Close this search box.


Girls Seeds around the World by Sagitana: INDIA

Hello! I’m Larissa, a cannabis user and nomad backpacker for few years now. 
I visited some of the countries where the plant was legalized or decriminalized (such as Uruguay and Malta),  others where it remains illegal but it’s part of the local culture and economy (such as Morocco and India)  and I worked on several cannabis farms for 1 year in California. 
I have learned a lot about the cannabis market and culture around the world and I decided to share some of  my discoveries by combining my 3 biggest passions: writing, smoking and traveling.



Cannabis in India has been used since 2000 BC, but currently all forms of cannabis are  illegal, with some subsidies for some traditional preparations or clothing manufacture.  

It is an ancient plant and has been used for thousands of years by tribes of different  religions, including Hinduism, the largest religion in India and also one of the most ancient  religions in the world. According to the Vedas, sacred Hindu texts, cannabis is one of the 5  sacred plants and one of the sources of happiness. It is proven that you must send the  cannon by company to the human race to obtain prayer and that Shiva used the Charas in  his meditations on the mountain.  

Besides that, it has also been used in healthcare by thousands of years and specially in  the Ayurvedic medicine, the most traditional in Índia, where more than 250 formulations  are based on the plant.  

Although it is illegal, the consumption and cultivation of the plant in India is socially  accepted, something similar to Morocco. In any case, it is not recommended to carry or  consume in public when there is a possibility of police presence, since the police in India  can be very corrupt.  

Each state in Índia have different regulations regarding the matter. The state of  Uttarakhand was the first in the country to legalize hemp cultivation, in 2016. As long as  the levels of the THC is low, it is allowed. It is mainly used for the production of fiber, seeds  (identified as a food source) and hempcrete (canham concrete).  

The village of Malana, known worldwide for the Malana Cream, a type of charas that has  won 2 Cannabis Cups, suffers with the prohibitions, once the cultivation and production of  hash is the main source of income in the region. This is due to the adverse conditions such  as the harsh climate, making cannabis one of the only plants that yield color. In this way,  the local police are tolerant of plant-related practices, but people are still threatened with  criminalization, since legalization has not been adopted.  All types of family relationship are a big thing in India, as well as higher education. As a  result, some families may also be extremely against the use of cannabis, as it is a country  that has recently suffered from poverty and where the type of work you do has a great  importance, because of each cast they represent and for the comfort they can provide.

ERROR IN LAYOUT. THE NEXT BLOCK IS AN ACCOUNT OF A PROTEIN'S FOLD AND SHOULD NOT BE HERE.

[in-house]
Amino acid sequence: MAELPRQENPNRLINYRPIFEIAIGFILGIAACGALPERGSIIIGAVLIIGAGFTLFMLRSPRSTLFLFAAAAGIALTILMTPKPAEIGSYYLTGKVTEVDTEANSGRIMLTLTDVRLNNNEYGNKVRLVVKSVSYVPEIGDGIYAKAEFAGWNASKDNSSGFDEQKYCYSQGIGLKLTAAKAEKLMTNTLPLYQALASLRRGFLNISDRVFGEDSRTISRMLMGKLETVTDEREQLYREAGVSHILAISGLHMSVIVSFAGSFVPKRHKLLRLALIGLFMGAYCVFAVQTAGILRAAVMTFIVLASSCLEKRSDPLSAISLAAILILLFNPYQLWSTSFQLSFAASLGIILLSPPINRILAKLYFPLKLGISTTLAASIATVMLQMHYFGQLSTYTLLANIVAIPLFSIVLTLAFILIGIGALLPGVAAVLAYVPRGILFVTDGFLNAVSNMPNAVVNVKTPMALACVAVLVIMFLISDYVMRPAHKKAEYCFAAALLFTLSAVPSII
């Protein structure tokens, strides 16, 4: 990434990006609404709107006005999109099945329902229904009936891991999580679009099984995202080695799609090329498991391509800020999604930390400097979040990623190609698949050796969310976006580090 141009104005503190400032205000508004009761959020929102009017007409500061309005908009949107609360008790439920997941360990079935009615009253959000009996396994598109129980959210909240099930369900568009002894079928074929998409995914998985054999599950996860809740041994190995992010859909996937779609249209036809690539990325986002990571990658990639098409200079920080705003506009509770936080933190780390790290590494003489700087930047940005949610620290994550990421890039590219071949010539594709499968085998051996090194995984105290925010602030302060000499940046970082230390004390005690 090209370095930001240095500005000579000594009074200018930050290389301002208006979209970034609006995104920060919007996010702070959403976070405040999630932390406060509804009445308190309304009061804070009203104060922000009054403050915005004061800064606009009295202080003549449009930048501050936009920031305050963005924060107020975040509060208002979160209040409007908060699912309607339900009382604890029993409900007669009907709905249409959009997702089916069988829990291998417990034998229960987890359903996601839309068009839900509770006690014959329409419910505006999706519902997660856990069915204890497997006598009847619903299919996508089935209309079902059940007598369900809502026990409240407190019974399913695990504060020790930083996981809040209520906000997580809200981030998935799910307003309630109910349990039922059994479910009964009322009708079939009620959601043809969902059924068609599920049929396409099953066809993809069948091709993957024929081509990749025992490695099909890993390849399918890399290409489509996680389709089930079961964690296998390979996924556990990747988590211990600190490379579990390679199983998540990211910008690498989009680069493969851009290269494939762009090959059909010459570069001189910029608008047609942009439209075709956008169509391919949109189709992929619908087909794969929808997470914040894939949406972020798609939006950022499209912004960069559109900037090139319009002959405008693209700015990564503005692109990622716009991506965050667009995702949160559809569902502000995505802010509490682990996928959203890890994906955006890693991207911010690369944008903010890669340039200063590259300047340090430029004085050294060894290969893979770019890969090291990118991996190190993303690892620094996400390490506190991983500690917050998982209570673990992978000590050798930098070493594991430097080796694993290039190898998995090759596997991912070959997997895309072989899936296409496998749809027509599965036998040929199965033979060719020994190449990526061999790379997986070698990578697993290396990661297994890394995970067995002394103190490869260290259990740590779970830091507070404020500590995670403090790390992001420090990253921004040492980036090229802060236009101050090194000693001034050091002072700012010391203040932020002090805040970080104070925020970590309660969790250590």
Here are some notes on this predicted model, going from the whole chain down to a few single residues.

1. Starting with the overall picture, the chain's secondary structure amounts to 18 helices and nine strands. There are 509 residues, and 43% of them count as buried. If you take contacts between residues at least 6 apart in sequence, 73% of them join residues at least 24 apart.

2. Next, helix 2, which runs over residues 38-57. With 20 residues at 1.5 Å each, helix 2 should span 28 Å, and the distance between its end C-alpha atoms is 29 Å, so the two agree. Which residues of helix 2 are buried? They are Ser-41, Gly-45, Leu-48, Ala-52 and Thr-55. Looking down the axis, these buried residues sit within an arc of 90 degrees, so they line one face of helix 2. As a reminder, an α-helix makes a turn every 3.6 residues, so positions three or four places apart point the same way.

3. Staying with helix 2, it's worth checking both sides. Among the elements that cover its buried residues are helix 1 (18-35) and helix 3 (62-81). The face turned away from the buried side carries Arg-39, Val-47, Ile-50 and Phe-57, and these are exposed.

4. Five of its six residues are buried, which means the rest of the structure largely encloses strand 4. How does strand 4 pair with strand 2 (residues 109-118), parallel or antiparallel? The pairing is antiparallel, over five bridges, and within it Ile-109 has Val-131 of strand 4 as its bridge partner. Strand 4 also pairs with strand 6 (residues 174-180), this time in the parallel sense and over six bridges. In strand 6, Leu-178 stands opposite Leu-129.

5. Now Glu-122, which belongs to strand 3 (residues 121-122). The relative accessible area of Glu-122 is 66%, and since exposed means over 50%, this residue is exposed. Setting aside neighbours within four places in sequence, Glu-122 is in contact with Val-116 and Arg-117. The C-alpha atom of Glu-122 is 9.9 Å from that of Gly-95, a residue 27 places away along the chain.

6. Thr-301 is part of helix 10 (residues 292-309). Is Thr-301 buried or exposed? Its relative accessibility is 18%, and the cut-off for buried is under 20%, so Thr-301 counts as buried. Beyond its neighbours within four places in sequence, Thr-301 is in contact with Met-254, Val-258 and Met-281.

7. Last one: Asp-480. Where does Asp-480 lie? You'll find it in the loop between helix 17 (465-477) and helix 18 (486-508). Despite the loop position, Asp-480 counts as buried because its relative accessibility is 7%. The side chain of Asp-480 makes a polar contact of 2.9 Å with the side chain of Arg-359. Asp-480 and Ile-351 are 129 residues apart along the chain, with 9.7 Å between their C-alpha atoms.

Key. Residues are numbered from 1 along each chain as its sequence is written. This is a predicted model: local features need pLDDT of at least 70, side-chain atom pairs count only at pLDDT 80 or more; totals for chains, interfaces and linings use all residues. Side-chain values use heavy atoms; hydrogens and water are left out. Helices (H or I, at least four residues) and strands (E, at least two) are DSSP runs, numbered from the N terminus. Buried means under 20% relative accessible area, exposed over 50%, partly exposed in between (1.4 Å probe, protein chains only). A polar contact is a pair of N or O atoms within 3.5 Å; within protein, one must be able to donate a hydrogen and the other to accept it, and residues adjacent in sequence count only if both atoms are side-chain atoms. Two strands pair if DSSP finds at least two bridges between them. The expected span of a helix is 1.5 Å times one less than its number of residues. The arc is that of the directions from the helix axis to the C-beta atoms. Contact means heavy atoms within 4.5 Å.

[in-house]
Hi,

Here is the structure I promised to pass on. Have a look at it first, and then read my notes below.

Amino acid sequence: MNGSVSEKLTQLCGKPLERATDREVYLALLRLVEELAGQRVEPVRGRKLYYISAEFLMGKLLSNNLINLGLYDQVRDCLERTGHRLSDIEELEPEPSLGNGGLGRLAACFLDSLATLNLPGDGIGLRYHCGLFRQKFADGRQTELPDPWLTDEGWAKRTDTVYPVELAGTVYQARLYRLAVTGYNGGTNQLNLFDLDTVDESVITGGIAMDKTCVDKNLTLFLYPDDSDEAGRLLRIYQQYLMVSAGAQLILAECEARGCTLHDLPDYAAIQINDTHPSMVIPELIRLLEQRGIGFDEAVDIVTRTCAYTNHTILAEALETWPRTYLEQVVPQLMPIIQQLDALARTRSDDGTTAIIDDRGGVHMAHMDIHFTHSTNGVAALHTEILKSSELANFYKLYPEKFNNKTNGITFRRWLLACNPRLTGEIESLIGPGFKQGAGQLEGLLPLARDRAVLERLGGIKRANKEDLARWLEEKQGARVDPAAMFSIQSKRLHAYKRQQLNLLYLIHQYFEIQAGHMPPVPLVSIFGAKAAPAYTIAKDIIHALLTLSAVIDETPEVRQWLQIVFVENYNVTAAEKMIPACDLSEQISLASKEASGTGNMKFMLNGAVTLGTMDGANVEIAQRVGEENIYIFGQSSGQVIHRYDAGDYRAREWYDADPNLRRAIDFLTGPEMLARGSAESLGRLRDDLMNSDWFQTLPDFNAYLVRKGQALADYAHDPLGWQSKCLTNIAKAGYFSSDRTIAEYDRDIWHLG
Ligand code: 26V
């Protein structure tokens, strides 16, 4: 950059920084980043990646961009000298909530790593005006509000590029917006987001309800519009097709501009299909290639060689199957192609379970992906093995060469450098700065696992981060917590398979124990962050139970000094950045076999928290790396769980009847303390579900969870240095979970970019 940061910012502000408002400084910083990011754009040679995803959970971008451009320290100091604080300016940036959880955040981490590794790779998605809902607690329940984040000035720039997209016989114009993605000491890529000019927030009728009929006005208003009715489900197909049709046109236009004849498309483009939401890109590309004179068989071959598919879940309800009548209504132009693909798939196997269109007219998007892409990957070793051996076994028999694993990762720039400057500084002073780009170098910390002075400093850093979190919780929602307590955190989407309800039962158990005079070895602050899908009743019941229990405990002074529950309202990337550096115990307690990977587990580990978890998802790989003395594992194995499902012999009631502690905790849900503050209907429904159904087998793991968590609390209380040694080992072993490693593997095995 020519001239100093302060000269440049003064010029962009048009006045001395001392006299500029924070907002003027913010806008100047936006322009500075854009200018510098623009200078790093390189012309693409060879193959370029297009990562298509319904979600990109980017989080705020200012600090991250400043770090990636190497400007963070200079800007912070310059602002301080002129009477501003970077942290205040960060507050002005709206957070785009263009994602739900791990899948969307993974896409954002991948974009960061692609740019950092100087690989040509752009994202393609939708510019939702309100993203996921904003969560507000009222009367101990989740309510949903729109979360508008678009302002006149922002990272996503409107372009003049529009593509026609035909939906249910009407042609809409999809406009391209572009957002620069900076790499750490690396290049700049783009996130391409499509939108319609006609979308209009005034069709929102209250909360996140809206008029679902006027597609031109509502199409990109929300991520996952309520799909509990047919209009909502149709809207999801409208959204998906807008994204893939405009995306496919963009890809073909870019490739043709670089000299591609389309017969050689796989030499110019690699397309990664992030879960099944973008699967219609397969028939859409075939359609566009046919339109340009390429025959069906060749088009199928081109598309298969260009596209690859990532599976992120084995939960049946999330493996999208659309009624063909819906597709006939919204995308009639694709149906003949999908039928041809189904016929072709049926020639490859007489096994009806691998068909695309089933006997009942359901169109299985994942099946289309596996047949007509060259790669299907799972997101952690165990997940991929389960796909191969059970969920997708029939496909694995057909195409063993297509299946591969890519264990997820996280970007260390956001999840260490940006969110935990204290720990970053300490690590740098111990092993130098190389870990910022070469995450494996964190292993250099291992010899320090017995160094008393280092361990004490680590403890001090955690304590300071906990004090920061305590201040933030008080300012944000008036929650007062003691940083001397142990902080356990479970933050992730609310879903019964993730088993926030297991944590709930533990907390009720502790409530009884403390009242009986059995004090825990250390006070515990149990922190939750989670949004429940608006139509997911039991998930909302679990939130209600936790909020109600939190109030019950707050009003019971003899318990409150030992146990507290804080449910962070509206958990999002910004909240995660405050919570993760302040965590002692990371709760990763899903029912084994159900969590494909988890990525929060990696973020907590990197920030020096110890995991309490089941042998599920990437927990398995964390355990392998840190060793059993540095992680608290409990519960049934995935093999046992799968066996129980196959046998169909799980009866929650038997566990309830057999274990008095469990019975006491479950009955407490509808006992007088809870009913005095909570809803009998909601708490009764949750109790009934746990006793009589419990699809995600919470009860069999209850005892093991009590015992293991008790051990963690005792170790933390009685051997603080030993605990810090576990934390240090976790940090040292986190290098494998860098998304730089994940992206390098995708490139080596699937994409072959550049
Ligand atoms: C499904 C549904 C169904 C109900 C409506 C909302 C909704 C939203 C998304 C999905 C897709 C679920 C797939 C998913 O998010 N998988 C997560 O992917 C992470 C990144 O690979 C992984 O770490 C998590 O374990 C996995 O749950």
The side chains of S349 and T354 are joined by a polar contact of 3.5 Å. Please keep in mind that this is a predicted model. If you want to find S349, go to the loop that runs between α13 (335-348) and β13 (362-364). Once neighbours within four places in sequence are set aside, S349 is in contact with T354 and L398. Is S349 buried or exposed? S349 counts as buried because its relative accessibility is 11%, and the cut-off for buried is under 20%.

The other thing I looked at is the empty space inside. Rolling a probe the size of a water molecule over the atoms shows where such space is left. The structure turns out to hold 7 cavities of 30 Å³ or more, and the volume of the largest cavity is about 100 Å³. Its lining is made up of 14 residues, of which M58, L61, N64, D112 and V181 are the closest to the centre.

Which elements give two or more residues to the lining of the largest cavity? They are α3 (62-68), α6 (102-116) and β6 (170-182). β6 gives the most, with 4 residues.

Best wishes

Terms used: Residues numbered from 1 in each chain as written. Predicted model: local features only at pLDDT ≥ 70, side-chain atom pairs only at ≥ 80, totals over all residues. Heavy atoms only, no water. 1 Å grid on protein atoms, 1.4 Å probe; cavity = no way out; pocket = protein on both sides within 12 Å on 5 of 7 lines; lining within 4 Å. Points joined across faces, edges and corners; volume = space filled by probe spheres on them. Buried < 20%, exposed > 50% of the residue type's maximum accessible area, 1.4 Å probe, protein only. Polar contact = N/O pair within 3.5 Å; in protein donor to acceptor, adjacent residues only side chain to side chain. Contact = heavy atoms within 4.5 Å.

Therefore, it is still common to see people using bhang on religious commemorative dates, as well as chillum. Because it is intrinsic to religion, cannabis has a particular place in  Indian culture, since it is believed that Shiva consecrated the plant. 


The charas is a type of extraction and it was the first to have been produced in the world.  The technique for it’s production was developed in India, where it’s consumption is  common and has a very interesting history due to legends that became sacred to some  cultures.  

The production of the charas is 100% artisanal and your hand is everything you will need  to make it. Differently from other types of hash, it is produced with a living plant which will  definitely potentiates the levels of THC. The flowers are harvested before full maturation  and, traditionally, they are made with local plants adapted to the climate of the region  (northern India).  

It is usually dark brown on the outside and brown or dark green on the inside. The most  famous one is the already mentioned Malana Cream, the best on the region of the Indian  Himalayas.  

Commonly, in the traditional way, it is smoked in a chillum – a type of hookah often used by  sadhus. It’s a cone usually made of ceramic, which must be smoked in a vertical position  and raised to the head in the form of a treat to god Shiva. This form of consumption of  charas is considered a ritual and is frequently shared by a group. According to Hindu  mythology, charas represents the mind, chillum the body of Shiva, one of the main Hindu  gods, and the smoke, represents the sacred influence of the gods.  

There have been ancient rumors that Shiva himself consumed cannabis through bhang, a  drink made out of a plant paste pressed with a specific type of stone. Many use it as a way  to approach the divine, mainly on big celebrations such as the Maha Shivaratri and the  Holi Festival. It is usually mixed with water or lassi, a type of yogurt-like drink very common  in India. As all edibles, specially the non properly dosed ones, it can be pretty strong and  not always the best experience if you’re not used to it.  

Traveling in India has held amazing learnings but to realize how sacred the cannabis is, for  sure was one of the best ones. It’s amazing to know how intrinsic it is both in the culture  and in the religion. But the best part, for sure, was smoking a chillum with the babas  (meaning “dad”, they’re basically wise man or gurus) and hearing all these hindu stories  about the gods.